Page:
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America’s Predators Problem

Can You Find Absolution in Cruelty?

umair haque
Oct 10, 2017 · 5 min read
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However we want to slice it, America has a problem with predators. Sexual, financial, social, cultural. Why is that? We can dismiss it as merely the actions of a few bad men, who are inherently only that, chalk it up to destiny and misfortune. Or we can look deeper for answers. Warning, you won’t like mine.

If we look a little deeper, what do we see? America’s cruel, in strange and unthinkable ways. It is something like a religious mission, a crusade, and the only object of this pilgrimage is to purify the weak with suffering. That is the reason its institutions and norms and values punish the broken, not protect them. Mercy is the truest crime of all. So the American way is to punish those who cannot stand up for themselves, and to celebrate, aggrandize, apotheosize those who stand sneering, smirking, grinning, above everyone else.

To apotheosize those who stand above everyone else. America elevates men who have mastered the arts of conquest into the status of gods among men and women and children. We can consider the case of a non-abuser, even a decent person, like Elon Musk, who is celebrated as a saviour for every problem America has. And yet hyperloops aren’t going to heal the sick and raise the dead. It is laughably wrong for us to apotheosize power and conquest, because then, soon enough, cruelty becomes brutality. How?

Here is what I think. America needs its predators. It celebrates their cunning and guile and heartlessness and above all, their cruelty. It supposes that all these are the price of greatness, of triumph, accomplishment, whether in art, science, literature, film, sport. So it laughs with them, appreciates them, loves them for being brave enough to cruel, shrewd, unscrupulous, calculated, self-absorbed-and-centred, greedy to the last penny — until, at last, too late, it turns right around and is shocked at what that very worship of cruelty has created: predators. But why would a society need its predators?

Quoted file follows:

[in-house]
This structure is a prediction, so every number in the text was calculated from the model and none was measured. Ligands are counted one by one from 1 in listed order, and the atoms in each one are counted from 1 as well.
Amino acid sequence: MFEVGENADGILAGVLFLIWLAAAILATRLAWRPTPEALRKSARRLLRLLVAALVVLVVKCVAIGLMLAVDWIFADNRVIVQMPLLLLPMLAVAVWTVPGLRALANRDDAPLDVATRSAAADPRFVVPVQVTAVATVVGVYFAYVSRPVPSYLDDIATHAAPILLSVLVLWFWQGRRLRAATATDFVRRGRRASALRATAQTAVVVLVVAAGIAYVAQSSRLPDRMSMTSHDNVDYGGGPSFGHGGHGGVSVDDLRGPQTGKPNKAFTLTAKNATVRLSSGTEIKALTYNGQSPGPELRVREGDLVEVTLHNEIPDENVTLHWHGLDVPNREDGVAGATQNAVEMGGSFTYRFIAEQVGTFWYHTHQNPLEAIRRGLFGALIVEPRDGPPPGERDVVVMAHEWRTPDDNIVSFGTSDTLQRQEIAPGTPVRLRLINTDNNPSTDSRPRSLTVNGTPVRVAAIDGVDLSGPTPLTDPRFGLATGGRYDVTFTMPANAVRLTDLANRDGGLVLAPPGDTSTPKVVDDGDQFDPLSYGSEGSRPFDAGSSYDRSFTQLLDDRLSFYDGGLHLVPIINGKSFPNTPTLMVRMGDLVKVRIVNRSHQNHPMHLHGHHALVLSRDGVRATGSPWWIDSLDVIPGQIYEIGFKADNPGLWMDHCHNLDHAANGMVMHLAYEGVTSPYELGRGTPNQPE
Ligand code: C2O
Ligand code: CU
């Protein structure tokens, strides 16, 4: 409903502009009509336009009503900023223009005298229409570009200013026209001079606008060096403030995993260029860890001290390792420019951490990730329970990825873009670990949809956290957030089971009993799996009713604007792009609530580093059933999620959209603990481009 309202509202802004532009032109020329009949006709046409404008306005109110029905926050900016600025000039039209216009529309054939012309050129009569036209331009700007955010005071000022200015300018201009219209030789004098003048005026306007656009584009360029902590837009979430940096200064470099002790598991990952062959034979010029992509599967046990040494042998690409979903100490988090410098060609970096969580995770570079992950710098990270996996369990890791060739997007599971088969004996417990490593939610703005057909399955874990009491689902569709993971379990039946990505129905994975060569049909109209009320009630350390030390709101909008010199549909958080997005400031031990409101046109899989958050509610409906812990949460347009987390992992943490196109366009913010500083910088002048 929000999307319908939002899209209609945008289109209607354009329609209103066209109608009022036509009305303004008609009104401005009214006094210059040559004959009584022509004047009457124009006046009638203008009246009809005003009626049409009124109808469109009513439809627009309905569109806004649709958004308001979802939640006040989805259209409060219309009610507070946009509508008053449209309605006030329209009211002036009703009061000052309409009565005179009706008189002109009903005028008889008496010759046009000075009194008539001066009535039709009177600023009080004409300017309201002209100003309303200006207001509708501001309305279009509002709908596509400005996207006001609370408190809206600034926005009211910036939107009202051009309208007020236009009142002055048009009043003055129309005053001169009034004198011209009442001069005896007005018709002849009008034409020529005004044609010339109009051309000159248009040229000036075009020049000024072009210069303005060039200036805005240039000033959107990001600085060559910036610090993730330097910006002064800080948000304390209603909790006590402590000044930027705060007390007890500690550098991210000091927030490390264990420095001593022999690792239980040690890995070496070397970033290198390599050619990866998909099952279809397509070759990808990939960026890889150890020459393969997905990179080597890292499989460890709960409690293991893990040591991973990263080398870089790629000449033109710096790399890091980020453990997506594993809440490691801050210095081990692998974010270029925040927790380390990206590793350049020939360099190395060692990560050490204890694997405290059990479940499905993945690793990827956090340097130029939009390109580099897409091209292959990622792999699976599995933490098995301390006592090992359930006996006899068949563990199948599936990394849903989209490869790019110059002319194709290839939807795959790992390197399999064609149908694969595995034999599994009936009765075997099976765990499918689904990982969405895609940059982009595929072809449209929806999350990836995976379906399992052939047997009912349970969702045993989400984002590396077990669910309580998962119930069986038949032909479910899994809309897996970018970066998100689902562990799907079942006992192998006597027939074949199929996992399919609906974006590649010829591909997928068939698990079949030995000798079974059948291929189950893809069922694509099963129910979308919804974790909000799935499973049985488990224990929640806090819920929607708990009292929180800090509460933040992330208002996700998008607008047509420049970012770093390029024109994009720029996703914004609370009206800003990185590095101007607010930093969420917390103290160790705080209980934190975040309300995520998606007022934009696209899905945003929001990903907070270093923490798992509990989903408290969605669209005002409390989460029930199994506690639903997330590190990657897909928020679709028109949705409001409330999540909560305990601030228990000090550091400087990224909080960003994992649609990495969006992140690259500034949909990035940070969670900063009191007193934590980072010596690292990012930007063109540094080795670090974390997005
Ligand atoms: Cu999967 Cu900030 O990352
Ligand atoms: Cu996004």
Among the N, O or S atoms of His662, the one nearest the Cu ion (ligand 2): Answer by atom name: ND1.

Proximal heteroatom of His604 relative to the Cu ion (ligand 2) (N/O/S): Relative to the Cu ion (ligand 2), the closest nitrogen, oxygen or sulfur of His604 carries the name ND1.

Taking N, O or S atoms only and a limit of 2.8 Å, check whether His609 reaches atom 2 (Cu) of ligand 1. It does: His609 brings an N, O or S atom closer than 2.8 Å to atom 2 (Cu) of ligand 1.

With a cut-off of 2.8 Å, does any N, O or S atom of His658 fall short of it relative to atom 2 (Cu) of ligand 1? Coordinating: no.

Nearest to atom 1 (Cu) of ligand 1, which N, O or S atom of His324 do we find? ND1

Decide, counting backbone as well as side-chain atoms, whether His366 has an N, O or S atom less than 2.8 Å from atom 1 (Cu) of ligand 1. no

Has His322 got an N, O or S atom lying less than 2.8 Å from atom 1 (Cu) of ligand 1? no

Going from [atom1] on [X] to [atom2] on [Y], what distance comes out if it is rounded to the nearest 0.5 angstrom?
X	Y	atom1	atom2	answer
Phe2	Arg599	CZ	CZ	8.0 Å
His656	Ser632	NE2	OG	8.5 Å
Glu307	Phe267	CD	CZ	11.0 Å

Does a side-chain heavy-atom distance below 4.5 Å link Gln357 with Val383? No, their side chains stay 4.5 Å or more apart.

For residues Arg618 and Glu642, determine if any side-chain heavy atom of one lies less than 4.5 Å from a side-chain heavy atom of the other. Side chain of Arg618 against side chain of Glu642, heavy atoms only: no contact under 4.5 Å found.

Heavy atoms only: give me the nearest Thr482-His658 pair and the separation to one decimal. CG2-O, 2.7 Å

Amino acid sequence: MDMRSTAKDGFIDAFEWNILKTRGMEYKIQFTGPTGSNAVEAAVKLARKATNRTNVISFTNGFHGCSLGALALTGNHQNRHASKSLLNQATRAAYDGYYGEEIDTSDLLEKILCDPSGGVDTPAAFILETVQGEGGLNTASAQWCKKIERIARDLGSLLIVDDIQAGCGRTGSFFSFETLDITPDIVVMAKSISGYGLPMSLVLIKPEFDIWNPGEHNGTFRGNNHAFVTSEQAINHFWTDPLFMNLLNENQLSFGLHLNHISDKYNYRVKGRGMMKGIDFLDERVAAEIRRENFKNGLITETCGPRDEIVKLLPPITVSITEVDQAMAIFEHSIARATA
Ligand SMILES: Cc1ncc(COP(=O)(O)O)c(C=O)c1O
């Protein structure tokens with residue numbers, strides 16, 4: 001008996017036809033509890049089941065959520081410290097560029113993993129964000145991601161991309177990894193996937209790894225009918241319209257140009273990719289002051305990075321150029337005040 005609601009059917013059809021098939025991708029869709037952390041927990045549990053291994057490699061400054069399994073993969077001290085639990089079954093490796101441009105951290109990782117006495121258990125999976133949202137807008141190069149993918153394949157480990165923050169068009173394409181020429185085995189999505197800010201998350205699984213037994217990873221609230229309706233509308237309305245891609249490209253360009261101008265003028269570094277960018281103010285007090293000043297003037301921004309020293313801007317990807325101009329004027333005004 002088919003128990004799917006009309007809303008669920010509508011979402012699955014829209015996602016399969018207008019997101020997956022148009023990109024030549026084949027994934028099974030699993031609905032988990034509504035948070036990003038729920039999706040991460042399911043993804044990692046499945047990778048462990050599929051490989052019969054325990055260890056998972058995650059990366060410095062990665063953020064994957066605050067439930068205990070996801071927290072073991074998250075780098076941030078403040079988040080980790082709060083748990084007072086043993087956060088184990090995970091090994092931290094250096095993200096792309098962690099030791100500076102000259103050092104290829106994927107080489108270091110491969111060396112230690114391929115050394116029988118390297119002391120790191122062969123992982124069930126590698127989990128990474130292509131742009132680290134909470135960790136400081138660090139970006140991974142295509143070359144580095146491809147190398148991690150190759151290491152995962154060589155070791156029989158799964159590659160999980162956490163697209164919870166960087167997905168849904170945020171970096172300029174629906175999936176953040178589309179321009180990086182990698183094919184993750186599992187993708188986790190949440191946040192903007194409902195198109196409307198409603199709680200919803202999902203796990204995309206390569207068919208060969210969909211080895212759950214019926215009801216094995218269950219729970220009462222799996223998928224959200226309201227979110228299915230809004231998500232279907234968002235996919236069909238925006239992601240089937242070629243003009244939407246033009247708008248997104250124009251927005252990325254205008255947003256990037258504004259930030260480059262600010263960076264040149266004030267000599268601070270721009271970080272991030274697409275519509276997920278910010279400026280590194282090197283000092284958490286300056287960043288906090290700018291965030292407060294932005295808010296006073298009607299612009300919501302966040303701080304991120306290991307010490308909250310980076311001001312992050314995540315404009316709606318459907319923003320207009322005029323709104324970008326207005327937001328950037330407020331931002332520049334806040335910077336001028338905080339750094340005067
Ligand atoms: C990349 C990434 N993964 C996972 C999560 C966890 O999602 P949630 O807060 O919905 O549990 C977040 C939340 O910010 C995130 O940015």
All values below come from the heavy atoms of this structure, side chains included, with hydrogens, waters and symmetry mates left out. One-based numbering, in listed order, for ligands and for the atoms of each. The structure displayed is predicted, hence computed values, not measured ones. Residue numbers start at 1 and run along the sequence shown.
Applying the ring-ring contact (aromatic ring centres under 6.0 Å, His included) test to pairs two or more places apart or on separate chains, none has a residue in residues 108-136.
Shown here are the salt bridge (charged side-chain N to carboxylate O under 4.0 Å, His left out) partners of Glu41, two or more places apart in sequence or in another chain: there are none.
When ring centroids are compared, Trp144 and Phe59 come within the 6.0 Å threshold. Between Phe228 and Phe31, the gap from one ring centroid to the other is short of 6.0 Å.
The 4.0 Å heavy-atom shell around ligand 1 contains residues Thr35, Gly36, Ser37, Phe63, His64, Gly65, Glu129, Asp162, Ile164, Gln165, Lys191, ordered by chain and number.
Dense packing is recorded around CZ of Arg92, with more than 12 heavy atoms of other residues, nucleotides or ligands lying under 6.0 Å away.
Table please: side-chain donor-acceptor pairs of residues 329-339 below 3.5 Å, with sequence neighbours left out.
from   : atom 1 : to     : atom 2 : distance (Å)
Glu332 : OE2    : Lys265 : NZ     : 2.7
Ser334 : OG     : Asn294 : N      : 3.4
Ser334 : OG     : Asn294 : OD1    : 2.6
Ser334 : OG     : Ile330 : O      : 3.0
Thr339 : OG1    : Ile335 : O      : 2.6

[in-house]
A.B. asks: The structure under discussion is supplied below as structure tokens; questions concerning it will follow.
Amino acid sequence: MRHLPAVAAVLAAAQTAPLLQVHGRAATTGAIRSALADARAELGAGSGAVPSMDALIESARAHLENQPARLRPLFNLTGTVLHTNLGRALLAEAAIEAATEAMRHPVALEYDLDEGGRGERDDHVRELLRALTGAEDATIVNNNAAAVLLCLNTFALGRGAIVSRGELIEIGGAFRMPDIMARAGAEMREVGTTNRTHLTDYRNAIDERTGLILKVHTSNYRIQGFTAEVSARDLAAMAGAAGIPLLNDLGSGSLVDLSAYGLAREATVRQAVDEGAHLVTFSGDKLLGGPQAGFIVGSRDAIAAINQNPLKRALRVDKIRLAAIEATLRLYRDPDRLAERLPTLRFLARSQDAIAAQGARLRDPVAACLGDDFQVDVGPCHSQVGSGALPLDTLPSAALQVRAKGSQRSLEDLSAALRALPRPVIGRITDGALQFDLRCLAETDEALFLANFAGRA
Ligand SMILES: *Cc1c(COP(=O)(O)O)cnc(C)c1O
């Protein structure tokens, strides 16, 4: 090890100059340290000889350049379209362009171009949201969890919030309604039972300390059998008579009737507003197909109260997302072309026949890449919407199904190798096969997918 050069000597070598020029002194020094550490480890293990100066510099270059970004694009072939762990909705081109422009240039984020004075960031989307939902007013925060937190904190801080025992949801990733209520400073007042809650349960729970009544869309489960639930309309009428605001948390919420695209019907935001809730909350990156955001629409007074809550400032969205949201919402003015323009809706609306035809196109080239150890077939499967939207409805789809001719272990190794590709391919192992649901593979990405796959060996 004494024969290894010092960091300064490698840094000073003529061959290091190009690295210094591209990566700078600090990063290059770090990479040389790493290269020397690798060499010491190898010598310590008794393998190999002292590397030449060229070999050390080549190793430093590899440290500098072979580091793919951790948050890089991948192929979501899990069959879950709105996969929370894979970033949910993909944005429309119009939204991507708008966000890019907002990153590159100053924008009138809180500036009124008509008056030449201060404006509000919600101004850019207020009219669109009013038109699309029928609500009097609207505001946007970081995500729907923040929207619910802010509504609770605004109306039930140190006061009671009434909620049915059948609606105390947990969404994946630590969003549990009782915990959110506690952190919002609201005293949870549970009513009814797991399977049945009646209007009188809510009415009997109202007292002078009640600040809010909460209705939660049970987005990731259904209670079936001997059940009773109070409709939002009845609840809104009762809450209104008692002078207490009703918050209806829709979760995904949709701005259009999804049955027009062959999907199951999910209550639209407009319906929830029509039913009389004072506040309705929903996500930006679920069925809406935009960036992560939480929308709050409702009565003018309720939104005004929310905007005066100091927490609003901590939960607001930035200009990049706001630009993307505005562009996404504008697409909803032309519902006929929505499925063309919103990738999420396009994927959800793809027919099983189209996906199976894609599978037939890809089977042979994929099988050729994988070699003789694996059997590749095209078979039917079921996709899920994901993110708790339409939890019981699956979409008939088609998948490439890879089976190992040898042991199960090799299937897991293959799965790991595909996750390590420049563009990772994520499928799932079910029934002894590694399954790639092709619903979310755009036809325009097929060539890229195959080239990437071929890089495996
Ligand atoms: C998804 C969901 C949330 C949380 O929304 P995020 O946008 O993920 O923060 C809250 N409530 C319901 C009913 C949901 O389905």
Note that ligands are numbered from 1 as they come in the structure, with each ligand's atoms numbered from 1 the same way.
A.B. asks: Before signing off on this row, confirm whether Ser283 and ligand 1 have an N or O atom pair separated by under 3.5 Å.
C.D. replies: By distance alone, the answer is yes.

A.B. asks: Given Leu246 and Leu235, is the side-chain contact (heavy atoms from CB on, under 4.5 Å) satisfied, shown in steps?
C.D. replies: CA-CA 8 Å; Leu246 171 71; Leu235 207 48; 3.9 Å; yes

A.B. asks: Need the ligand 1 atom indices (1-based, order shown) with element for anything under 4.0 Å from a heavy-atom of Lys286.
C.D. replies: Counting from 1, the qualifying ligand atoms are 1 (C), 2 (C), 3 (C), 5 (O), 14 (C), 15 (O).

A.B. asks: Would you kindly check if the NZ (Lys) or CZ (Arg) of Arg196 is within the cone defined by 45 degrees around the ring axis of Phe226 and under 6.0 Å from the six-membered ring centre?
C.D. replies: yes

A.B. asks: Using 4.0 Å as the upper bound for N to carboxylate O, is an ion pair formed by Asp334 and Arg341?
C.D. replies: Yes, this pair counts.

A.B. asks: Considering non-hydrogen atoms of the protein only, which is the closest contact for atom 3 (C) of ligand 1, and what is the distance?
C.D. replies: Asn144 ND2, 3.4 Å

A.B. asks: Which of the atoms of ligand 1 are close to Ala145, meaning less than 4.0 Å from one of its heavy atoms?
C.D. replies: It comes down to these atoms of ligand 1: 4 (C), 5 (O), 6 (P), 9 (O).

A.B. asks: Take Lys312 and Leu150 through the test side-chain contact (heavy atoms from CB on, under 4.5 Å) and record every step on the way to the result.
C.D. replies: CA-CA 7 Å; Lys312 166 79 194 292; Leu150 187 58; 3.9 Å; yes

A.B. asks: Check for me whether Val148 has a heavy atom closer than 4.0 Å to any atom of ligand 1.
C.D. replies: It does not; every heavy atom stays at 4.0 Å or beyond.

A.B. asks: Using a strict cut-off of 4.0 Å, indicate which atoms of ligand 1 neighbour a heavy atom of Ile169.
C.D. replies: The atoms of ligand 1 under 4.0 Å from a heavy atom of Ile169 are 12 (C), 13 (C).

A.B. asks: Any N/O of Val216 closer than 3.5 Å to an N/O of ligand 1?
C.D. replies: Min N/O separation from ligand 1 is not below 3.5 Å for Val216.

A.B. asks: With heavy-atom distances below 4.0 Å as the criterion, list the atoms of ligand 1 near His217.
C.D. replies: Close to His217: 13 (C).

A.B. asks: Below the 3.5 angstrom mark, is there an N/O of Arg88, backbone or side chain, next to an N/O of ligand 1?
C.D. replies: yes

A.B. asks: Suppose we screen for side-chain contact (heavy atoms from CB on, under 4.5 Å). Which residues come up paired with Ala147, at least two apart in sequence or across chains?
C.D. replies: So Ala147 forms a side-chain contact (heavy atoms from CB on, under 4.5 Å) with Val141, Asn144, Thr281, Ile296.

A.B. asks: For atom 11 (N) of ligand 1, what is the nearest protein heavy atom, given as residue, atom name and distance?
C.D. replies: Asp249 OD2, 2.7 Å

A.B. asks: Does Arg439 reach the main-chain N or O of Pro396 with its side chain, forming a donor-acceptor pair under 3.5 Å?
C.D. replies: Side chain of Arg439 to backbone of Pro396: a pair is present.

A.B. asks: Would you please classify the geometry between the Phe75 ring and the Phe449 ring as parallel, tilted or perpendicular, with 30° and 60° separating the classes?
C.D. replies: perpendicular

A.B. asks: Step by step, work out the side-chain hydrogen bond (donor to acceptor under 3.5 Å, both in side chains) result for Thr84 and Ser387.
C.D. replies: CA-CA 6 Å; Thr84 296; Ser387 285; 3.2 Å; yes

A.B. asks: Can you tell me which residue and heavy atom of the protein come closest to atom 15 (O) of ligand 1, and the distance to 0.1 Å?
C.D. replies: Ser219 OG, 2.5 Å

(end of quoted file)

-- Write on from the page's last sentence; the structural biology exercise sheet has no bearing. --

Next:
First, let’s note: all human endeavours — art, science, literature, film, and so on — are only contests in the American mind, not joint human efforts towards a deeper, nobler, more beautiful truth. They are only things to be won, with mass appeal. Hence, the celebration of Cosby and Weinstein and so on as “geniuses”, as “greats”. LOL, they’re not exactly Fritz Lang and Ingmar Bergman and Antonioni. No one is going to watch the Cosby Show or Pulp Fiction a century from now looking for profound insight into the human condition, except maybe American film blog dorks. But people will still be poring over Metropolis and the Seventh Seal and L’Avventura. So the idea that we must celebrate predators, their guile, cunning, shrewdness, is itself a myth that fails at the merest examination. True greatness is something else entirely: not to extract the most profit from the human condition, as America thinks, but to examine it, reveal it, illuminate it.